Painting of Houses Of Parliament and Big Ben

Category: renters reform bill

With the controversial Renters’ Reform Bill undergoing consideration, a petition was published last week that aims to protect Assured Shorthold Tenancies (AST). But, it needs much stronger landlord support.

Assured Shorthold Tenancies (ASTs) have long been a popular choice for both landlords and tenants in the UK. They provide a degree of flexibility for both parties, with a minimum term of six months and the ability to terminate the tenancy with proper notice. However, recent discussions around tenancy reform have raised concerns about the potential scrapping of ASTs, in favour of indefinite tenancies, along with a number of other changes.

The Renters' Reform Bill, which is currently going through parliament, aims to introduce a range of reforms to improve standards in the private rental sector (PRS), but also impose more regulations on landlords.

While the proposed Bill seeks to address issues such as tenant security and property conditions, critics argue that eliminating ASTs (amongst other changes) is an extreme measure that could have unintended consequences.

Action being taken by the landlord community

Recognizing the potential consequences of eliminating ASTs, last week a petition was launched to try and safeguard the rights and interests of both landlords and tenants.

The petition calls on the government to reconsider its proposed changes and to preserve ASTs as a viable option for rental agreements.

By maintaining the current system, the petition argues, landlords will continue to have the necessary flexibility to manage their properties, while tenants will have the freedom to move without being tied to long-term contracts.

The campaign seeks to address concerns raised by industry professionals and tenant advocates, who believe that the proposed changes to tenancy laws could have adverse effects on both landlords and renters.

The ‘Renters Reform Bill’ has been declared the most radical shake-up in UK tenancy legislation for a generation. Measures include: Abolition of Section 21 ‘no-fault’ evictions; Reinforcement of Section 8 evictions; and mandatory landlord membership of an Ombudsman Scheme, to name a few.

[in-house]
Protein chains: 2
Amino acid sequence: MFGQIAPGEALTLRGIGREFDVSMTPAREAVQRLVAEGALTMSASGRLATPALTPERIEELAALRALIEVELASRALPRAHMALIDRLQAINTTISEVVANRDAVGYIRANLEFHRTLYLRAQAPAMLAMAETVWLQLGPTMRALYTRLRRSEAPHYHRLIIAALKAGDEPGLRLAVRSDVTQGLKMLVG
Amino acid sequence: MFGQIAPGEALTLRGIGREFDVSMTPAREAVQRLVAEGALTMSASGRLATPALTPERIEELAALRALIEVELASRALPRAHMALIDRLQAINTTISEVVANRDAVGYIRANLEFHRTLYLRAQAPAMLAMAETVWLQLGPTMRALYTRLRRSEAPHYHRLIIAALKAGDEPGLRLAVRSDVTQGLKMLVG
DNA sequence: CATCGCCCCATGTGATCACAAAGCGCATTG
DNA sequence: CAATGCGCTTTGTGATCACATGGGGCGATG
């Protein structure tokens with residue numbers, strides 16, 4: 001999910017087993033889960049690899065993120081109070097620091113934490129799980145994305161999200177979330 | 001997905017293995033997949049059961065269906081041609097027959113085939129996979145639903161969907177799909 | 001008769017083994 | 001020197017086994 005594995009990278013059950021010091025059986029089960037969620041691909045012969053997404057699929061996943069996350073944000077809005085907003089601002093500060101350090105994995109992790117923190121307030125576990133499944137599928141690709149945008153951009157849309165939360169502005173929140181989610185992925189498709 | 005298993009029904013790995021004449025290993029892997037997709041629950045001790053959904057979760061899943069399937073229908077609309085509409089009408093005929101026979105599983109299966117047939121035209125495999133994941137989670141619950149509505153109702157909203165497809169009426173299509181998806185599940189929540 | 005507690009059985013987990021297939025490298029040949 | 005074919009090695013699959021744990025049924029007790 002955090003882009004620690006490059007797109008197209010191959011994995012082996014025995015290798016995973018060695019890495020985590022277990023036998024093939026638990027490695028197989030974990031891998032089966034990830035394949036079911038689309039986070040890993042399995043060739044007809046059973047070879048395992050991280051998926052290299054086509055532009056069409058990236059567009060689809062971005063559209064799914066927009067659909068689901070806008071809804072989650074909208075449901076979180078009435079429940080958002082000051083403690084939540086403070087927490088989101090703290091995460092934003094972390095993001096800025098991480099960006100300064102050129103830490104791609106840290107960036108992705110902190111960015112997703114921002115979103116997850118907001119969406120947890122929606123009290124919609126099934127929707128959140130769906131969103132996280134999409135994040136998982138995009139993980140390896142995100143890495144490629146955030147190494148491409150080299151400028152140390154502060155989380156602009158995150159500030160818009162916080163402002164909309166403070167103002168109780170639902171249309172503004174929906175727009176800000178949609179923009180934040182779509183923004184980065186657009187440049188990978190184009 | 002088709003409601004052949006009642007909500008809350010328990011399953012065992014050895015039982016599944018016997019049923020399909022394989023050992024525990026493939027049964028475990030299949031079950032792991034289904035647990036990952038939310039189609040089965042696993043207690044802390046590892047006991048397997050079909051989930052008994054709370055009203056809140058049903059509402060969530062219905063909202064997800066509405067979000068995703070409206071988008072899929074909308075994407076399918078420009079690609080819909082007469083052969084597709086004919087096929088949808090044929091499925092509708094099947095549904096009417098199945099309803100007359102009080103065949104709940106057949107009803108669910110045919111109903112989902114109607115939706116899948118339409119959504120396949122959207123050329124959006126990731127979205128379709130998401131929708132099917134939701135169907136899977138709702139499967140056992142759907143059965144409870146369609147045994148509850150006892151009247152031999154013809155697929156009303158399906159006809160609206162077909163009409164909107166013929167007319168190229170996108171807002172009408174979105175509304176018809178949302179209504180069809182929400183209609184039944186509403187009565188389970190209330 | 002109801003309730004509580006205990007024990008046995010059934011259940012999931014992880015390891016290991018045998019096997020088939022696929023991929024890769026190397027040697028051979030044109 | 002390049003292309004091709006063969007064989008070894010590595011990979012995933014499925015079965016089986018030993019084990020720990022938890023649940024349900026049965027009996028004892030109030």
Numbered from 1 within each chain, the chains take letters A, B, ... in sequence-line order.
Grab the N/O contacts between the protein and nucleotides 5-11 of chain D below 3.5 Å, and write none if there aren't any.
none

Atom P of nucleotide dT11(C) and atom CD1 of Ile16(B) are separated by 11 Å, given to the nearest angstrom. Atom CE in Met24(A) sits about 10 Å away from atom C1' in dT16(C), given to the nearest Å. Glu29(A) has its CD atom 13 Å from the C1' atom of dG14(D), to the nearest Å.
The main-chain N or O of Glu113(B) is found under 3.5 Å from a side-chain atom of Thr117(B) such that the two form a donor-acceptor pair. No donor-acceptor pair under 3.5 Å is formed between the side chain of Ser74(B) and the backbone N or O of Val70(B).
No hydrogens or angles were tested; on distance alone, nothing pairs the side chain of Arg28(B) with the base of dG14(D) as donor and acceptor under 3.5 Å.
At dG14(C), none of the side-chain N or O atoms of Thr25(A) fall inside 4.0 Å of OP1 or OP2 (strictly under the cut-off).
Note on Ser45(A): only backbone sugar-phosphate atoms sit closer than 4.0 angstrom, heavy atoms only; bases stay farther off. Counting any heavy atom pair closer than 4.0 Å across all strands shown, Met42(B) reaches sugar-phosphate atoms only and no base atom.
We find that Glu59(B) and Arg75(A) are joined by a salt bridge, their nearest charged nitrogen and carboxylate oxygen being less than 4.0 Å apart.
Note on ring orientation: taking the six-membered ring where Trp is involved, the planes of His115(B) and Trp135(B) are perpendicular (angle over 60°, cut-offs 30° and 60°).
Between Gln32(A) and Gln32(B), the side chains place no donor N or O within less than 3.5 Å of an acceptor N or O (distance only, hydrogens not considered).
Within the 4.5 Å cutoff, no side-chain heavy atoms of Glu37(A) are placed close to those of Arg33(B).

While some call these changes “the golden opportunity”, others press that the nation-wide legislation fails to account for the disparity in supply of rented properties between the North and South of England, with tenancy supply being squeezed far more in the South of the nation.

Nathen Emerson, Chief Executive of Propertymark has said

With nearly half of all landlords in England only owning one property, there is a concern that ongoing piecemeal legislation may add further pressure on small portfolio landlords and will be unmanageable and unenforceable”.

More signatures needed.

The petition calling to protect AST’s and halt such hasty reforms was published last week and so far has received fewer than 1500 signatures – bearing in mind that it requires 10,000 to elicit a response from government, and 100,000 to potentially induce a parliamentary debate.

With roughly 1500 signatures secured so far, it’s a far-cry from what those against the Bill would have been hoping for. Yet with the release of the petition occurring only last week, there is time to rally support.

Various industry professionals have voiced their concerns over the potential abolition of ASTs. They argue that this move could lead to reduced investment in the rental market, ultimately resulting in a decline in the supply of rental properties. With limited options available, tenants might face increased competition for housing, leading to higher rents.

Moreover, landlords might be discouraged from renting out their properties altogether, resorting to simply selling off portions of their portfolio.

You can add your signature on the parliament petition site here.